Sweet Corn XXXVI Corn Earworm
Corn is rich in nutrition, in addition to containing a variety of nutrients, including protein and fat than rice, noodles and Hamish, fat half of linoleic acid, and lecithin, vitamin A, E etc.. Linoleic acid can reduce cholesterol, prevent its deposition in the vascular wall, on the prevention of hypertension, cardiovascular and cerebrovascular diseases have a positive effect.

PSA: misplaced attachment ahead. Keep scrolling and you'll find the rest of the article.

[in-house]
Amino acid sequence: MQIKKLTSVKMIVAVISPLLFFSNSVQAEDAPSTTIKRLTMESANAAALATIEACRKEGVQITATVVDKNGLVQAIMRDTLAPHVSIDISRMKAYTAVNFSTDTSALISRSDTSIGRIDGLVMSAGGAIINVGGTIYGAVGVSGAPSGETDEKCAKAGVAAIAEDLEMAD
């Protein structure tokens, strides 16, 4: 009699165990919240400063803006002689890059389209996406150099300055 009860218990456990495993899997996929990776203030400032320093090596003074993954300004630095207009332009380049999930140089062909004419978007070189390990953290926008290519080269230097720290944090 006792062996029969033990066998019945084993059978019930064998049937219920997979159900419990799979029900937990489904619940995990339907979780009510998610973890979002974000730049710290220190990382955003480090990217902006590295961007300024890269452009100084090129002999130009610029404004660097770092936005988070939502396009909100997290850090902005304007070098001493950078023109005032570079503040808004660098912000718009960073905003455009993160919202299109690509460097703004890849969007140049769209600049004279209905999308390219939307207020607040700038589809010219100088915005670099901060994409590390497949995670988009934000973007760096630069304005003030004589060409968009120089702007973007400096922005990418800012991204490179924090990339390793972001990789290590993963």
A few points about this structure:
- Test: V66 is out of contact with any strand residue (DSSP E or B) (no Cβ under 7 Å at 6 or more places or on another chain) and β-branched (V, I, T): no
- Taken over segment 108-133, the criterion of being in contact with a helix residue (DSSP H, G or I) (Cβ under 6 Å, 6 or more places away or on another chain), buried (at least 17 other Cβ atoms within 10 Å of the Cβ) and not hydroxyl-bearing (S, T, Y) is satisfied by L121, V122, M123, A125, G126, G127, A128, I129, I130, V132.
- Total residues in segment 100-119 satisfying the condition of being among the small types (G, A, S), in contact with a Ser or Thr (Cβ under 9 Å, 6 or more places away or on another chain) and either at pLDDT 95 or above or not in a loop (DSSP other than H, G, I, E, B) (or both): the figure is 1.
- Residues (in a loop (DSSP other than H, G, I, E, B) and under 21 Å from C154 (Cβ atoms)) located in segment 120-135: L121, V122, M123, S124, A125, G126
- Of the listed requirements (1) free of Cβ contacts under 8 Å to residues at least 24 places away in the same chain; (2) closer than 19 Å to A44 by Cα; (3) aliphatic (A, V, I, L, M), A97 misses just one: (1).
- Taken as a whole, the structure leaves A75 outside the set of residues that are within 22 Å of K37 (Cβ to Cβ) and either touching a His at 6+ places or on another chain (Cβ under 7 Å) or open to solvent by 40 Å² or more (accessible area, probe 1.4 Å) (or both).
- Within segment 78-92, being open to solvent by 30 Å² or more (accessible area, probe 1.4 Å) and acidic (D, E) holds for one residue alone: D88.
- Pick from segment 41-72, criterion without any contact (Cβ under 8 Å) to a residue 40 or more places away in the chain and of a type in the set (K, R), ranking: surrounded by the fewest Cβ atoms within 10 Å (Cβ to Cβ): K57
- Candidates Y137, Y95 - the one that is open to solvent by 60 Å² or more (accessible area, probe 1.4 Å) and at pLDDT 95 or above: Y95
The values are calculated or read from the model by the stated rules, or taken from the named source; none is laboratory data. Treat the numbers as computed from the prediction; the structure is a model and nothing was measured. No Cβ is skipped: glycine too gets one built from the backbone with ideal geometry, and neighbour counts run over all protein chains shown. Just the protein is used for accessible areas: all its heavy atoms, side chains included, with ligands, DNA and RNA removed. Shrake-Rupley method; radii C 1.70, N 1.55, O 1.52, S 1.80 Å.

High Plains IPM Guide, a cooperative effort of the University of Wyoming, University of Nebraska, Colorado State University and Montana State University. Sweet Corn XXXVI Corn Earworm Whitney S. Cranshaw Corn Earworm Identification (and life cycle/seasonal history) Corn earworm is, by far, the most common species of caterpillar found in sweet corn ears and the only species found west of the Rockies. In the High Plains, European corn borer, western bean cutworm and, in the south, southwestern corn borer are sometimes also found in corn ears. However corn earworm is the key insect pest of the crop in most areas. Corn earworm is also an important pest of many other crops including tomatoes, peppers, and tomatillos. In these crops it is commonly referred to as tomato fruitworm. Corn earworm winters as a pupa about 3 to 5 inches deep in soil. Successful wintering in the region regularly occurs in western Colorado and much of eastern Colorado, south of approximately I-70. However, mild winters can allow survival further north. Overwintered populations are supplemented by migrants from the southern US, which annually spread throughout the US. Late spring frosts can cause significant mortality of early-emerging moths. Corn earworm moths are buff-colored and similar in size to other moths of the cutworm family. Females lay eggs singly (not in masses) on green silks of sweet corn. Eggs can hatch in a few days and the larvae move into the ear, feeding originally on green silk. Later the larvae tunnel into maturing kernels. Corn earworm caterpillars are very cannibalistic and rarely is more than one caterpillar found in a single corn ear. Following egg hatch the caterpillars develop for a period of two to three weeks before becoming full grown. They cause increasing damage as they get older and larger. When feeding is done, they drop to the soil and dig a cell where they pupate. Plant Response to Damage Early season corn earworm feed in the whorl of sweet corn plants causing damage that sometimes resembles that of early season European corn borer. The amount of earworm pressure on sweet corn ears may sometimes be predicted from the number of whorl feeding earworm in the field prior to ear formation. High Plains IPM Guide, a cooperative effort of the University of Wyoming, University of Nebraska, Colorado State University and Montana State University. High Plains IPM Guide, a cooperative effort of the University of Wyoming, University of Nebraska, Colorado State University and Montana State University. Ear feeding corn earworm caterpillars tend to limit feeding damage to the ear tip, and this area can be extensively damaged. Entry by this insect into the side of the ear occurs occasionally, but it is more common with other caterpillars found in sweet corn. Wounding by corn earworm provides an entry court for some kernel-rotting fungi. Some insects, notably sap beetles, readily invade sweet corn ears through corn earworm wounds. Management Approaches Biological Control Corn earworms are natural affected by several biological controls. Probably most important are general predators common to corn - minute pirate bugs, lady beetles, and green lacewing larvae. Fungal diseases can occasionally impact corn earworm populations. However, these can not consistently suppress corn earworm below damaging levels. Furthermore, natural enemy populations in sweet corn are greatly reduced by insecticide applications made to the crop. Cultural Control Plowing of fields should kill many of the overwintering pupae. However, this insect is highly mobile and migratory reinvasion from distant sources can be expected. Some sweet corn varieties with tight husks around the ear tip are slightly resistant to corn earworm, but injury can also occur to these varieties. Transgenic varieties that express the Bt-toxin in the silk can suppress corn earworm, but these are currently available in limited quantities. Sampling The size of adult flights of corn earworm can be good predictors of the intensity of later larval infestation. Corn earworms are readily attracted to blacklight monitoring traps. There are also very effective pheromone lures for males. However, since corn earworm is a strong flier it is not often captured efficiently in standard sticky-bottomed traps. Instead cone-shaped 'Heliothis' traps are used for this species. The pheromone of the corn earworm is also fairly unstable and needs replacement every few weeks. Corn earworm pheromone trapping is a useful tool in determining spray schedules. If good records are kept and monitoring methods remain constant then changes in captures at traps become good predictors of infestation levels. Spray programs in western Colorado are based on pheromone captures. Experience has showed that if corn earworm captures exceed a certain level, moving from a three to a two day spray interval is necessary to maintain control. If a higher threshold is reached, an insecticide with ovicidal properties is added to the spray. Treatment thresholds were developed with trial and error over several years, and have been lowered as problems appeared. Treatment thresholds will vary for different areas and production systems. High Plains IPM Guide, a cooperative effort of the University of Wyoming, University of Nebraska, Colorado State University and Montana State University. High Plains IPM Guide, a cooperative effort of the University of Wyoming, University of Nebraska, Colorado State University and Montana State University. Chemical Control Sweet corn becomes attractive to corn earworm egg laying when green silks first emerge. These silks are where corn earworm lay their eggs. Sweet corn produces silk continuously until harvest, so there are always attractive oviposition sites on the ear. The target for corn earworm applications are eggs and/or newly hatched larvae before they enter the ear tip. Regularly scheduled insecticide applications are necessary to provide residual on the newly grown silk near the tip of the ear. When many corn earworm moths are laying eggs, a two or three day spray schedule may be necessary to provide good control. Regular sprays may be needed until within two or three days of harvest to eliminate larval damage. Problems with control of corn earworm have been observed in many locations. This can have many possible causes: 1) Beginning the spray schedule too late. The initial sprays should be applied as the first silks appear within a field. 2) poor coverage of the ear tips, 3) extremely heavy egg laying during periods of high populations, 4) improper spray schedules, 5) resistance to the insecticide used. Corn earworm is beginning to become resistant to pyrethroid insecticides over much of its range. Rotation with insecticides in different pesticide classes with different mode of action is recommended. Honeybee hazard caution: Honey bees will forage for corn pollen and applications made during pollen shed have risk to area honey bee hives. Avoid using products of highest hazard to honey bees (e.g., Penncap-M, certain carbaryl formulations) and work with area beekeepers to limits pesticide application hazards to sweet corn. Product List for Corn Earworm on Sweet Corn: Insecticide Lbs Active Ingredient Per Acre Preharvest Interval, Remarks (Fl oz or oz. product) Baythroid 2 0.025-0.044 lb (0.8-1.6 fl oz.) (0 day, 12 hour reentry) Pyrethroid insecticide. Maximum amount allowed in 7-day interval 2.8 fl. oz/A Warrior 0.02-0.03 lb (2.56-3.84 fl. oz.) (1 day, 24 hour reentry) Pyrethroid insecticide. Maximum application of 0.25 lb AI/acre per season of 3.84 pt/acre of product per season Asana XL 0.03-0.05 lb (5.8-9.6 fl. oz.) (1 day, 12 hr reentry) Pyrethroid insecticide. Maximum application of 0.25 lb AI/acre per season. Avaunt 0.045-0.065 lbs ai (2.5-3.5 oz) (3 days. 12 hrs reentry machine harvest, 14 days for hand harvest) Carbamate insecticide. Do not use more than 14 oz product per acre in growing season. Minimum 3 day interval between applications. Mustang, Fury 0.035-0.05 lb (3.0-4.3 fl. oz.) (3 days PHI, 12 hr reentry) Pyrethroid insecticide. Maximum High Plains IPM Guide, a cooperative effort of the University of Wyoming, University of Nebraska, Colorado State University and Montana State University. High Plains IPM Guide, a cooperative effort of the University of Wyoming, University of Nebraska, Colorado State University and Montana State University. 0.3 lbs ai/acre per season. Larvin 3.2 0.5-0.75 (20-30 fl. oz.) (0 day, 48 hour reentry) Carbamate insecticide. Maximum application of 300 fl. oz./acre per season. Lannate 2.4LV (1-1 1/2 pt) (1 day PHI, 48 hours reentry). Lannate 90SP (1/3-1/2 lb) Carbamate insecticide. Maximum application of 6.3 lbs AI/acre per season. Has some activity against eggs. Success, (3-6 fl. oz.) (1 day) Naturalyte insecticide. SpinTor Maximum application of 16 fl. oz/acre per season. Entrust (1-2 oz.) (1 day) Naturalyte insecticide. Formulation suitable for Certified Organic production. Maximum application of 9 oz/acre per season. The information herein is supplied with the understanding that no discrimination is intended and that listing of commercial products, necessary to this guide, implies no endorsement by the authors or the Extension Services of Nebraska, Colorado, Wyoming or Montana. Criticism of products or equipment not listed is neither implied nor intended. Due to constantly changing labels, laws and regulations, the Extension Services can assume no liability for the suggested use of chemicals contained herein. Pesticides must be applied legally complying with all label directions and precautions on the pesticide container and any supplemental labeling and rules of state and federal pesticide regulatory agencies. State rules and regulations and special pesticide use allowances may vary from state to state: contact your State Department of Agriculture for the rules, regulations and allowances applicable in your state and locality. Categories: Sweet Corn, Insects, Corn Earworm Date: 01/26/2004 High Plains IPM Guide, a cooperative effort of the University of Wyoming, University of Nebraska, Colorado State University and Montana State University.